Eye-Opening Discovery: OSA Causes Ocular Surface Disease
written by/ August 5, 2022
We have some bad news for all those with Obstructive Sleep Apnea (OSA). Namely, a new study found that OSA doesn’t only affect your nose but your eyes as well.
Health conditions like eye redness, dysfunction of the oil glands (Meibomian glands), glaucoma, dry eye, and floppy eye syndrome (FES) are all more likely in OSA patients.
Yet, what exactly is sleep apnea, and how does it affect the eyes?
This devious breathing disorder causes irregular breathing with short non-breathing intervals during sleep. Currently, some 22 million Americans have OSA. However, many of those suffering from OSA don’t even know it.
As for the link between OSA and eye health, scientists have found that OSA-induced hypoxia can cause considerable damage to the eyes and surrounding organs.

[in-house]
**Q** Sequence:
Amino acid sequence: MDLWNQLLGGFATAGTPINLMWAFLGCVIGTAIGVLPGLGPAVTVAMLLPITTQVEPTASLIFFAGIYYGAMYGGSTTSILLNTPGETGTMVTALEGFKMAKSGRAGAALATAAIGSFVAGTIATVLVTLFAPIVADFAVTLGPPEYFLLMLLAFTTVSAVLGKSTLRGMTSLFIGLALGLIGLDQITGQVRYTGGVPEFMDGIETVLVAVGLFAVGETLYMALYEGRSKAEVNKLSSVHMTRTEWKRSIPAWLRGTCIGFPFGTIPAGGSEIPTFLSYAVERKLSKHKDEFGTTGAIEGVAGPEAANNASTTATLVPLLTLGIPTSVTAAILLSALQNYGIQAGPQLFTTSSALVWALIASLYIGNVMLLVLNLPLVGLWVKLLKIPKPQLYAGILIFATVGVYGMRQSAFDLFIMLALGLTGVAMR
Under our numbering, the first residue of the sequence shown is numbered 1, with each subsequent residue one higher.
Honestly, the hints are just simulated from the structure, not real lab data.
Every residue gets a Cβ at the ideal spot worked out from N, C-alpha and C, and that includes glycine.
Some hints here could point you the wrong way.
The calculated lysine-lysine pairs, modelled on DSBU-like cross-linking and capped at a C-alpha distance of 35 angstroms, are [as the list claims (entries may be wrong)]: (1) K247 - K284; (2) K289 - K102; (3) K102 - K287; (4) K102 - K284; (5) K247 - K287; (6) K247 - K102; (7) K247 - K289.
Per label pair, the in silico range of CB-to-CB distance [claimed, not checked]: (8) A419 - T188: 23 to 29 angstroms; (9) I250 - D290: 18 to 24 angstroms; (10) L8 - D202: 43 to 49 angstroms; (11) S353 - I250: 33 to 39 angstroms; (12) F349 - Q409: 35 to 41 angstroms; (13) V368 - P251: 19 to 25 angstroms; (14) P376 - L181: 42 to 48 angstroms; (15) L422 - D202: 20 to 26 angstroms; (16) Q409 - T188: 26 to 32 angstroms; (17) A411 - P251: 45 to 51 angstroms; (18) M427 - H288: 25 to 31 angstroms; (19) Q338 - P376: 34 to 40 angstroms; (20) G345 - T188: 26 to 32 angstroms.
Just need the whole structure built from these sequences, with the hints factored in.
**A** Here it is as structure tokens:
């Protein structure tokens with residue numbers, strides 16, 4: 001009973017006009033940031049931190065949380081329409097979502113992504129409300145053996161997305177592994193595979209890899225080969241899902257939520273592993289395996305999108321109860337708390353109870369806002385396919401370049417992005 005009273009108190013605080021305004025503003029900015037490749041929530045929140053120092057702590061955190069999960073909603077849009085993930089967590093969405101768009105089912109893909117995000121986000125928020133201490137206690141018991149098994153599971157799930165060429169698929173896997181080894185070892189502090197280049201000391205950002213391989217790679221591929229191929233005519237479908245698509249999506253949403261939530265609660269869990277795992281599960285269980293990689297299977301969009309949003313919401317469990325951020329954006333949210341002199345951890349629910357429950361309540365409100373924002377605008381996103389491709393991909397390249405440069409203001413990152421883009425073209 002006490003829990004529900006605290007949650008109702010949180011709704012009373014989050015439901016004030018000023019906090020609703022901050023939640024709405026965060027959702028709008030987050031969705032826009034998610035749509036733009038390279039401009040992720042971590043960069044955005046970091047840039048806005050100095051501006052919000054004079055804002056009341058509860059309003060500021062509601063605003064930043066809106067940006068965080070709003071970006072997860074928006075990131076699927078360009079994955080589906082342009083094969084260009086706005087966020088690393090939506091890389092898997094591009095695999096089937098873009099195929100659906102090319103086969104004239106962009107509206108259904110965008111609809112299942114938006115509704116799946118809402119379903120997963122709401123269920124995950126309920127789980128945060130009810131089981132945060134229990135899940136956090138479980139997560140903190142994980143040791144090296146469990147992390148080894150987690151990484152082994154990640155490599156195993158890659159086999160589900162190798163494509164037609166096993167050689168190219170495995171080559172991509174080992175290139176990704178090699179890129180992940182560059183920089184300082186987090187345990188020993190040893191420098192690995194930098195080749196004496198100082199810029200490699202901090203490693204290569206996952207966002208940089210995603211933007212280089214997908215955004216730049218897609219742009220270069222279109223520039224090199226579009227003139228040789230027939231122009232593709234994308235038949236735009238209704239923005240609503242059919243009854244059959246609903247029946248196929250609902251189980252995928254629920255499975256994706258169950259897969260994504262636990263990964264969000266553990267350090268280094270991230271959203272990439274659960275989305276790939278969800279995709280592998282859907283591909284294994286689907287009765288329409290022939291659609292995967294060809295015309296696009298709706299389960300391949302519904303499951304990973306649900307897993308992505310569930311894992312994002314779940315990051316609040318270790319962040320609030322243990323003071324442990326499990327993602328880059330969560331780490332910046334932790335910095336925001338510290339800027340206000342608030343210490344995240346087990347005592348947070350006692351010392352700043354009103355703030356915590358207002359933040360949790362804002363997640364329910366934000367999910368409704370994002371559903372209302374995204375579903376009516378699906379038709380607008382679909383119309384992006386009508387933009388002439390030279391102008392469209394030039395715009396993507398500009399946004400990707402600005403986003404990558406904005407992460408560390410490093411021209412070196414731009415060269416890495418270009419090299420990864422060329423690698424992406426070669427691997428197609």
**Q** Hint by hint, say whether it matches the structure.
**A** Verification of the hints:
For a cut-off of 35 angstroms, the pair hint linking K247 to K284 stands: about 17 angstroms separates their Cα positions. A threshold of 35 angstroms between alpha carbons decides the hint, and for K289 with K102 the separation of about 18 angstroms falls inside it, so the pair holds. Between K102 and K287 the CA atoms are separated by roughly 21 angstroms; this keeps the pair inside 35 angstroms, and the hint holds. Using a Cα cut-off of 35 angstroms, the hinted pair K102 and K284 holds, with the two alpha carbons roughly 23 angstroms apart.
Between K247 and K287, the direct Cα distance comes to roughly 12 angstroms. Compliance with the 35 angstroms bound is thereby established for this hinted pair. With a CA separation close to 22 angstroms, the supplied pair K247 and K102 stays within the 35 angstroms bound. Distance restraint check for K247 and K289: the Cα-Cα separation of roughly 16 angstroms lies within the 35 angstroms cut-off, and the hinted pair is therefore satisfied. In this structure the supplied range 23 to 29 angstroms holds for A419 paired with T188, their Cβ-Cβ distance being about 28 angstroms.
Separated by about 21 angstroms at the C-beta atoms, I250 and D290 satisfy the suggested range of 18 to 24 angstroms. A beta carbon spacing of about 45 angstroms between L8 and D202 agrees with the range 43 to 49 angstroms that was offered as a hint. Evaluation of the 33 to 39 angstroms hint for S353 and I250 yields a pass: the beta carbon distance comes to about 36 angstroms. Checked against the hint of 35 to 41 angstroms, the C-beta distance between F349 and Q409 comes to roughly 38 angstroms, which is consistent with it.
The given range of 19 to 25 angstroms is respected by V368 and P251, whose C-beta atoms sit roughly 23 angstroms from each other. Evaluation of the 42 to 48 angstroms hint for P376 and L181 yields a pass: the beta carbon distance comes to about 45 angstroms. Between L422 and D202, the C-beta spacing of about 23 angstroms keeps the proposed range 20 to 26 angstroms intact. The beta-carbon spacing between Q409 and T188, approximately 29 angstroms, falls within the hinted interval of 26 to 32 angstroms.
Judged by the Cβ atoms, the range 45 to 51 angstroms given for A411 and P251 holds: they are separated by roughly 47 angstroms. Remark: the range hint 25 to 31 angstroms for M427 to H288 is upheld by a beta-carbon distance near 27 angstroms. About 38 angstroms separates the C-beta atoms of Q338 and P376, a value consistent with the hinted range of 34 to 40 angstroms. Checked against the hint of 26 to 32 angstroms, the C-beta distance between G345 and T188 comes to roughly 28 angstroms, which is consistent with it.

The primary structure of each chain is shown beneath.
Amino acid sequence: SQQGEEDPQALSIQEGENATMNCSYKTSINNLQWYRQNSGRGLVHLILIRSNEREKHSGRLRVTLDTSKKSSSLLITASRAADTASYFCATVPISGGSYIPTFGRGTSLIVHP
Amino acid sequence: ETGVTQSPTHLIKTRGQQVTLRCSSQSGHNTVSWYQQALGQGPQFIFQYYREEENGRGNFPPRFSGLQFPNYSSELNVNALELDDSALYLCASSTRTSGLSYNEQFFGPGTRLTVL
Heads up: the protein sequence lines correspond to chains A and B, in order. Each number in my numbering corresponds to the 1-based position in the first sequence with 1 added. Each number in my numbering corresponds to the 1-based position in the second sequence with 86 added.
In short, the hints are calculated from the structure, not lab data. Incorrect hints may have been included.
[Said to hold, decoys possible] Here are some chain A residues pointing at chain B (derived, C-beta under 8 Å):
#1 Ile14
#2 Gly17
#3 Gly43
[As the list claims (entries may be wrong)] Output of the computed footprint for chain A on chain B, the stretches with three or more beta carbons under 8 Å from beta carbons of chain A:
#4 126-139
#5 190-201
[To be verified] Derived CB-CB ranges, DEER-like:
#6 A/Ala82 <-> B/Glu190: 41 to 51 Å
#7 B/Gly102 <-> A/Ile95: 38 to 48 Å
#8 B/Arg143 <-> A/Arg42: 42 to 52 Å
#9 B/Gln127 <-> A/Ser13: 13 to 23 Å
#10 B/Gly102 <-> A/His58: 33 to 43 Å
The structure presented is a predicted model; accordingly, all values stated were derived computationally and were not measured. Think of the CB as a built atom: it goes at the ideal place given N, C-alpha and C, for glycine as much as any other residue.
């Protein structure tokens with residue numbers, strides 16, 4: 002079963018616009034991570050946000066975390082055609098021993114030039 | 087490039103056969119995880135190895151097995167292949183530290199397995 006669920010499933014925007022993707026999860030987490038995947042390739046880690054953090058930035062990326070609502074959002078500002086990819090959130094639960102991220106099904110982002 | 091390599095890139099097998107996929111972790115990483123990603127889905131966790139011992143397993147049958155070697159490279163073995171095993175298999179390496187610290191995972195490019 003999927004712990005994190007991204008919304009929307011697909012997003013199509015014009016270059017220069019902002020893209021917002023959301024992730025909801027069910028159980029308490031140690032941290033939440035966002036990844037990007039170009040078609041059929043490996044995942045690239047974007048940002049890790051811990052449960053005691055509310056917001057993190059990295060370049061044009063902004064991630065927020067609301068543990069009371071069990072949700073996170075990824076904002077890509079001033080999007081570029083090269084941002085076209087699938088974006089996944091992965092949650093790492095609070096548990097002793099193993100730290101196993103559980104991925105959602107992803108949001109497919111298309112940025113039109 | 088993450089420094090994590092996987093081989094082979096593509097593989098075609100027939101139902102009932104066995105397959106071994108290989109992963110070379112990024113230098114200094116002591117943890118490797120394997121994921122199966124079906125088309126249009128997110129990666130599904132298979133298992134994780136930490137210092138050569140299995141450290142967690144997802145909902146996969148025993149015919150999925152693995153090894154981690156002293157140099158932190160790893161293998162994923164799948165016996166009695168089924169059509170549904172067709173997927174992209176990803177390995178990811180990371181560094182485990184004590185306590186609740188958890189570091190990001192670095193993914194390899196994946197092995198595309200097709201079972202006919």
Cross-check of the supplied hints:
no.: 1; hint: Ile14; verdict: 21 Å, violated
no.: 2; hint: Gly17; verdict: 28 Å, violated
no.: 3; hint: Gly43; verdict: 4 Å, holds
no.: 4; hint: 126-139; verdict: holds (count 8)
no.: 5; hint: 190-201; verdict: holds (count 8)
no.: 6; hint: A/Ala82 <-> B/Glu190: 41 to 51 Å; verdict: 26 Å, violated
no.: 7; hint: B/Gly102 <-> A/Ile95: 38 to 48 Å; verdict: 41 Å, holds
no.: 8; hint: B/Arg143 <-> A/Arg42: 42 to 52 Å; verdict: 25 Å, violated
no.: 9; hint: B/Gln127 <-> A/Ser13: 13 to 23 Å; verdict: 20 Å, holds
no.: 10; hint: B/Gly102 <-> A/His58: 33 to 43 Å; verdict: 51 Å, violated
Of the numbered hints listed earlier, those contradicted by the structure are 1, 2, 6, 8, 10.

Over the course of the study, published in the journal Nature and Science of Sleep, 181 OSA patients with no previous treatment were tested with polysomnography and regular eye check-ups. The data was then compared with a control group.
The results revealed that 60% of those with severe OSA also had FES, compared to merely 11.5% of healthy individuals diagnosed with this syndrome. A person with FES has an exceptionally big and floppy top eyelid. Likewise, there’s increased eye redness and irritation, even blurred vision in extreme cases.
OSA patients are also more likely to have dry eye, glaucoma (increased eye pressure), Non-Arteritic Anterior Ischemic Optic Neuropathy (NAION), and other eye conditions.
The use of CPAP (Continuous Positive Airway Pressure) also carries a greater risk of developing dry eye and bacterial conjunctivitis. Luckily, endothelial cell density and corneal staining showed no significant differences when tested.
All in all, if you suspect or are diagnosed with this insidious sleep disorder, prompt treatment is advised.